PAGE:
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The Chinese scientist who created “CRISPR babies,” He Jiankui, sincerely believed that the research violated neither his country’s laws nor the guidelines of the international scientific community, according to his friends and colleagues. He didn’t exactly keep his experiment secret: He told at least four U.S. scientists that he was considering establishing pregnancies with genome-edited IVF embryos, enlisted a U.S. scientist to work at his Shenzhen lab, teamed with a Chinese hospital and IVF clinic, and proudly announced the birth of “Nana” and “Lulu” on YouTube in November.

Though researchers forcefully condemned He’s work as unethical and a breach of a scientific red line — and while the Chinese government has since accused him of breaking their laws — He clearly hadn’t gotten the memo.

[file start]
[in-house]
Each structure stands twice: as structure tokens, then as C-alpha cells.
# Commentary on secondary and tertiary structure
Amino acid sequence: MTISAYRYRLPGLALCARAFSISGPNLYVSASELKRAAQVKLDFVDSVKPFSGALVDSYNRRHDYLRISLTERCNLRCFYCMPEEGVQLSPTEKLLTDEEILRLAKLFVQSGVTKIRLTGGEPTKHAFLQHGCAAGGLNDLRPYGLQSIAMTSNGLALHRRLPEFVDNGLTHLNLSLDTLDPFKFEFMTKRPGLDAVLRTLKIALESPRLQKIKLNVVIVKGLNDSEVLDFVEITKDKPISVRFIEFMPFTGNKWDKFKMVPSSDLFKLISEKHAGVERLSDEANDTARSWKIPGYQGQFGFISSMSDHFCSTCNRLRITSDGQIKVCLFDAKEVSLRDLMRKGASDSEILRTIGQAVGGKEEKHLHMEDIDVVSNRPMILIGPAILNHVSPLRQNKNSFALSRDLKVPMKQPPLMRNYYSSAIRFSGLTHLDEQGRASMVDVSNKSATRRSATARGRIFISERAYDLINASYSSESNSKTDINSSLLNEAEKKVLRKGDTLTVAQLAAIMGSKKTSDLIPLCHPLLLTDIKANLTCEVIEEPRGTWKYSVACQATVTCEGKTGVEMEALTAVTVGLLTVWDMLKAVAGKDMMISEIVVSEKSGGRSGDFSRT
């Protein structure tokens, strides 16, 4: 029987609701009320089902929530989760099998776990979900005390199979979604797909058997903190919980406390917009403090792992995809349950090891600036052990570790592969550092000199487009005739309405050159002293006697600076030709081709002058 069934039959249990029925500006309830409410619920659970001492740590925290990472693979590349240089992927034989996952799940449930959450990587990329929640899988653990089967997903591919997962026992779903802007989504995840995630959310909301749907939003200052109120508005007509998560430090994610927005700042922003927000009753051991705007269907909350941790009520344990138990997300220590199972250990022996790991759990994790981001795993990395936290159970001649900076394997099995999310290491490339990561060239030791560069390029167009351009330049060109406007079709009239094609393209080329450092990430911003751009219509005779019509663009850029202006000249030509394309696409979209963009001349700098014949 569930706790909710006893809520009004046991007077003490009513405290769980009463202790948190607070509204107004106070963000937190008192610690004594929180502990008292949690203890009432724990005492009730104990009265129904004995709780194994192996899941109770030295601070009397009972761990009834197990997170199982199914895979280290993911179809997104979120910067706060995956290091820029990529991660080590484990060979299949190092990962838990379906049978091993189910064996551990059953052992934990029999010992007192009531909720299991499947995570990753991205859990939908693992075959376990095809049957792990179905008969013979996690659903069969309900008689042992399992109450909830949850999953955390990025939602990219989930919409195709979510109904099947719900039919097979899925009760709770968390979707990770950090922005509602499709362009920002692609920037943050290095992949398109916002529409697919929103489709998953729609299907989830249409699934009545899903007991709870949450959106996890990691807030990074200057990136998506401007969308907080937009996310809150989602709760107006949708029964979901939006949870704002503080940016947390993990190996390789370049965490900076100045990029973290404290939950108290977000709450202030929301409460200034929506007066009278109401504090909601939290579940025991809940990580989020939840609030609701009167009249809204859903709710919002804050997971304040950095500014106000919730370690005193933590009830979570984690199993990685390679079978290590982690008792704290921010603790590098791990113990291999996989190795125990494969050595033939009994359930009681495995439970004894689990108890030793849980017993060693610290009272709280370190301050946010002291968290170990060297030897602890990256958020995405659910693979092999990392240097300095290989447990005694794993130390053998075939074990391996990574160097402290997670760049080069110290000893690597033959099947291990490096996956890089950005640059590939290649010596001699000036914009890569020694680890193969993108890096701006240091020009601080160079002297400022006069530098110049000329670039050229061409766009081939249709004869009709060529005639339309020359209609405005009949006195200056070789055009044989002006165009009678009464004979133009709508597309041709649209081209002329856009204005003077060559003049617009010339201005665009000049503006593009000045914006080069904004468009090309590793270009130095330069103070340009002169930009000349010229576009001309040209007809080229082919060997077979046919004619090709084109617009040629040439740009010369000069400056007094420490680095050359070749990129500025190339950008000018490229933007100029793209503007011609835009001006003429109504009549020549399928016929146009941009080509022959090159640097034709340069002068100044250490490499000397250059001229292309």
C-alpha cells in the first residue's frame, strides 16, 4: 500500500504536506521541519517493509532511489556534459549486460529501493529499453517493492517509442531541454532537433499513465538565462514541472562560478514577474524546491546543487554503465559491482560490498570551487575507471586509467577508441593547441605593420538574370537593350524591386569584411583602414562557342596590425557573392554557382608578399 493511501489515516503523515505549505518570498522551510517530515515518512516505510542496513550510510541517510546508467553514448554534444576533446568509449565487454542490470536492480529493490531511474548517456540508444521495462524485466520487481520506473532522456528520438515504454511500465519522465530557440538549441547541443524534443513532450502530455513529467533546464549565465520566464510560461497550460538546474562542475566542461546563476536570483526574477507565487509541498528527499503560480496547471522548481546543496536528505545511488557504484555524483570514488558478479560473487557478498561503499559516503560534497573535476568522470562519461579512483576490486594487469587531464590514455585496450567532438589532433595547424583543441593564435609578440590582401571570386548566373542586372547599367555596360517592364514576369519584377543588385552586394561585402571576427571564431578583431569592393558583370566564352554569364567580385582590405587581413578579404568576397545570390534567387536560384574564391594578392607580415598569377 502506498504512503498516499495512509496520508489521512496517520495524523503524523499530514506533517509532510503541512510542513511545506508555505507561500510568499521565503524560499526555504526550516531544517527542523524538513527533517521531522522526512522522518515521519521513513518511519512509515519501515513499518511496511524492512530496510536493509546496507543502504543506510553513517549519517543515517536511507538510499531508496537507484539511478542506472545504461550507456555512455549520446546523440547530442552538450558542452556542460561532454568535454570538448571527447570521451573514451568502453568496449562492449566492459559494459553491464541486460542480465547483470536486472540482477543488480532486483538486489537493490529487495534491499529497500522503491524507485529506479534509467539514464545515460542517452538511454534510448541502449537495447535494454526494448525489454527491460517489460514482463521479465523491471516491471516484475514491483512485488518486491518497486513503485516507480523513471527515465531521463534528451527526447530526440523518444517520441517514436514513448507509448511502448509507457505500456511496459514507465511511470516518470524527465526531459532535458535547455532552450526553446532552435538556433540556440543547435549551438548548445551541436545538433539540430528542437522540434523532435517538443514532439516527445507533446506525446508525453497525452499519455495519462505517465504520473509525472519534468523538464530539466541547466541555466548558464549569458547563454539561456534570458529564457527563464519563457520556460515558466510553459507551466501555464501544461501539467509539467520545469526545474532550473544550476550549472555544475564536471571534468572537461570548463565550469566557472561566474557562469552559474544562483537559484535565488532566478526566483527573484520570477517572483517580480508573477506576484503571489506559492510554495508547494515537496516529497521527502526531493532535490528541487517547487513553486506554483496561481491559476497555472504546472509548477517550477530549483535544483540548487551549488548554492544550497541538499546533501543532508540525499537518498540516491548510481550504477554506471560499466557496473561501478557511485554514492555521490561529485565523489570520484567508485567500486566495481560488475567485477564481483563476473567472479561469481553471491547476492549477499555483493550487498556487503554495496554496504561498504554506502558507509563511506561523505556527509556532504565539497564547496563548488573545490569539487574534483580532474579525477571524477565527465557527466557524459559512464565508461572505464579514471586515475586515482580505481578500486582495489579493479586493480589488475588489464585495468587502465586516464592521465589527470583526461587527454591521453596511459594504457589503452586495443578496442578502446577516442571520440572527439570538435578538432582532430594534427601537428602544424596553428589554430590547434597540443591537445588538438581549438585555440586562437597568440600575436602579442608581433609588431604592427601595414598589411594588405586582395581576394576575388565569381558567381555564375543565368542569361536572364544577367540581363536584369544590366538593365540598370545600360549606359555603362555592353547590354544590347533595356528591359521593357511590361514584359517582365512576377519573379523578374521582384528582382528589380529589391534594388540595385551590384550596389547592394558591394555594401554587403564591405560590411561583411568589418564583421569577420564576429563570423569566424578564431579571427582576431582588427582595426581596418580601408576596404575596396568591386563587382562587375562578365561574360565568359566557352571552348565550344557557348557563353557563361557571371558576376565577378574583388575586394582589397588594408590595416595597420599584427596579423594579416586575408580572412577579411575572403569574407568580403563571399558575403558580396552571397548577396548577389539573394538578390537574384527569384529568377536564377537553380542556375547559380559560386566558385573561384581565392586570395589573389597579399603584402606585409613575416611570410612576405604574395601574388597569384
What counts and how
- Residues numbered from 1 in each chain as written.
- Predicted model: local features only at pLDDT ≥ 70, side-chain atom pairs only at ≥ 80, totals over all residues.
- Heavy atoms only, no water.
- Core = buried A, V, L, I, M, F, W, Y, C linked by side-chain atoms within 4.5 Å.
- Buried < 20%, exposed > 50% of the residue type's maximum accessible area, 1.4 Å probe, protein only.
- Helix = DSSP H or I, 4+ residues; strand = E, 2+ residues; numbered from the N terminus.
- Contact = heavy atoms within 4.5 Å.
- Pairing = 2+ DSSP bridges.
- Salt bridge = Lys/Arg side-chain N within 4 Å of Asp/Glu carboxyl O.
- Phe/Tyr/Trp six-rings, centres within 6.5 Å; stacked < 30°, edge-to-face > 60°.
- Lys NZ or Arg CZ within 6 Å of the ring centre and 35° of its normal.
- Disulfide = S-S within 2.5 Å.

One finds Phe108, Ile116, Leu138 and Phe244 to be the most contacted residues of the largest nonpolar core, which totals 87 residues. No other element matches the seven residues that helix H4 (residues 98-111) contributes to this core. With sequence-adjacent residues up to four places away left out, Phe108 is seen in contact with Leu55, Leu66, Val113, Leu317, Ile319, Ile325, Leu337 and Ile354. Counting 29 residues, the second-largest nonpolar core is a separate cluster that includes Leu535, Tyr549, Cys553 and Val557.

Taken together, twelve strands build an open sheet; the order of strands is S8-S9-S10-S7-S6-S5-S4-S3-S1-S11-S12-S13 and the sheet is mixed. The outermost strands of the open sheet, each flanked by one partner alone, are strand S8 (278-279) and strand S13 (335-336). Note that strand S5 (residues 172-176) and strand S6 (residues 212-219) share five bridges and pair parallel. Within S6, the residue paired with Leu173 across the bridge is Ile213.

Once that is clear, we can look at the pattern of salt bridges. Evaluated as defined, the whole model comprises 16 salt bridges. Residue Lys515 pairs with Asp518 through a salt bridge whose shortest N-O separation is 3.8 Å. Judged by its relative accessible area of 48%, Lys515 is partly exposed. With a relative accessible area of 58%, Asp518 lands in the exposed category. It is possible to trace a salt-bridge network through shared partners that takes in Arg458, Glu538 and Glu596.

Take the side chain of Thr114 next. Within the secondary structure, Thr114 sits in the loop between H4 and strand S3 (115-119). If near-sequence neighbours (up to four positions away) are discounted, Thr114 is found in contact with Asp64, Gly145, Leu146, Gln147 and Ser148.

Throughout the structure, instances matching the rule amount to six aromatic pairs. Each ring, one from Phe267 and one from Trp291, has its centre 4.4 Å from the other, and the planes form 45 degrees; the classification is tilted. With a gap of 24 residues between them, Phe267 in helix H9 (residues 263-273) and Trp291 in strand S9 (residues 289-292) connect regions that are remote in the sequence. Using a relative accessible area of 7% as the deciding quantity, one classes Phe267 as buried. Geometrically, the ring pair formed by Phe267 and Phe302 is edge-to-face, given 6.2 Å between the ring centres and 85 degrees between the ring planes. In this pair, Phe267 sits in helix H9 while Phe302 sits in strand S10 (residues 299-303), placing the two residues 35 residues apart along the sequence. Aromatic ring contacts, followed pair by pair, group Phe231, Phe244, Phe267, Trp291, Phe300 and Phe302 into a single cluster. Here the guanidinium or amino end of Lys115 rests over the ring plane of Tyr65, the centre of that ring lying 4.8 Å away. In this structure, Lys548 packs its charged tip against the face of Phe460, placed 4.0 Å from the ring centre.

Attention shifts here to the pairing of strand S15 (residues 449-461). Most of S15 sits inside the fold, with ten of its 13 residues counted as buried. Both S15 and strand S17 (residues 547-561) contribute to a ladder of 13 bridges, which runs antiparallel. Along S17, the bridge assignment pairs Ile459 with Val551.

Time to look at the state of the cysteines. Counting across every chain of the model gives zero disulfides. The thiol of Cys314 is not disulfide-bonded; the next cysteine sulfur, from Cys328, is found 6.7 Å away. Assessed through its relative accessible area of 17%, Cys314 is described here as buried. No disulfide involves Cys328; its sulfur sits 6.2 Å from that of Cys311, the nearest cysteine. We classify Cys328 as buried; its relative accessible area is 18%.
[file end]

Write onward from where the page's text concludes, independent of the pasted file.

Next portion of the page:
Now, in an effort to prevent another He, 18 scientists from seven countries have called for “a global moratorium on all clinical uses of human germline editing” — that is, changing DNA in sperm, eggs, or early embryos to make genetically altered children, alterations that would be passed on to future generations. They say a moratorium should be in place for at least five years.

…continue reading ‘Leading Scientists, Backed by NIH, Call for a Global Moratorium on Creating ‘CRISPR Babies”

Image: By The He Lab – This file has been extracted from another file: About Lulu and Nana- Twin Girls Born Healthy After Gene Surgery As Single-Cell Embryos.webmPlay mediaбеларуская (тарашкевіца)‎ | বাংলা | нохчийн | čeština | Deutsch | Ελληνικά | English | Esperanto | español | eesti | euskara | فارسی | français | galego | עברית | hrvatski | magyar | italiano | 日本語 | қазақша | 한국어 | Lëtzebuergesch | македонски | മലയാളം | Nederlands | polski | português | română | русский | slovenčina | slovenščina | svenska | ไทย | українська | 中文 | 中文(简体)‎ | 中文(繁體)‎ | +/−, CC BY 3.0, https://commons.wikimedia.org/w/index.php?curid=74768423

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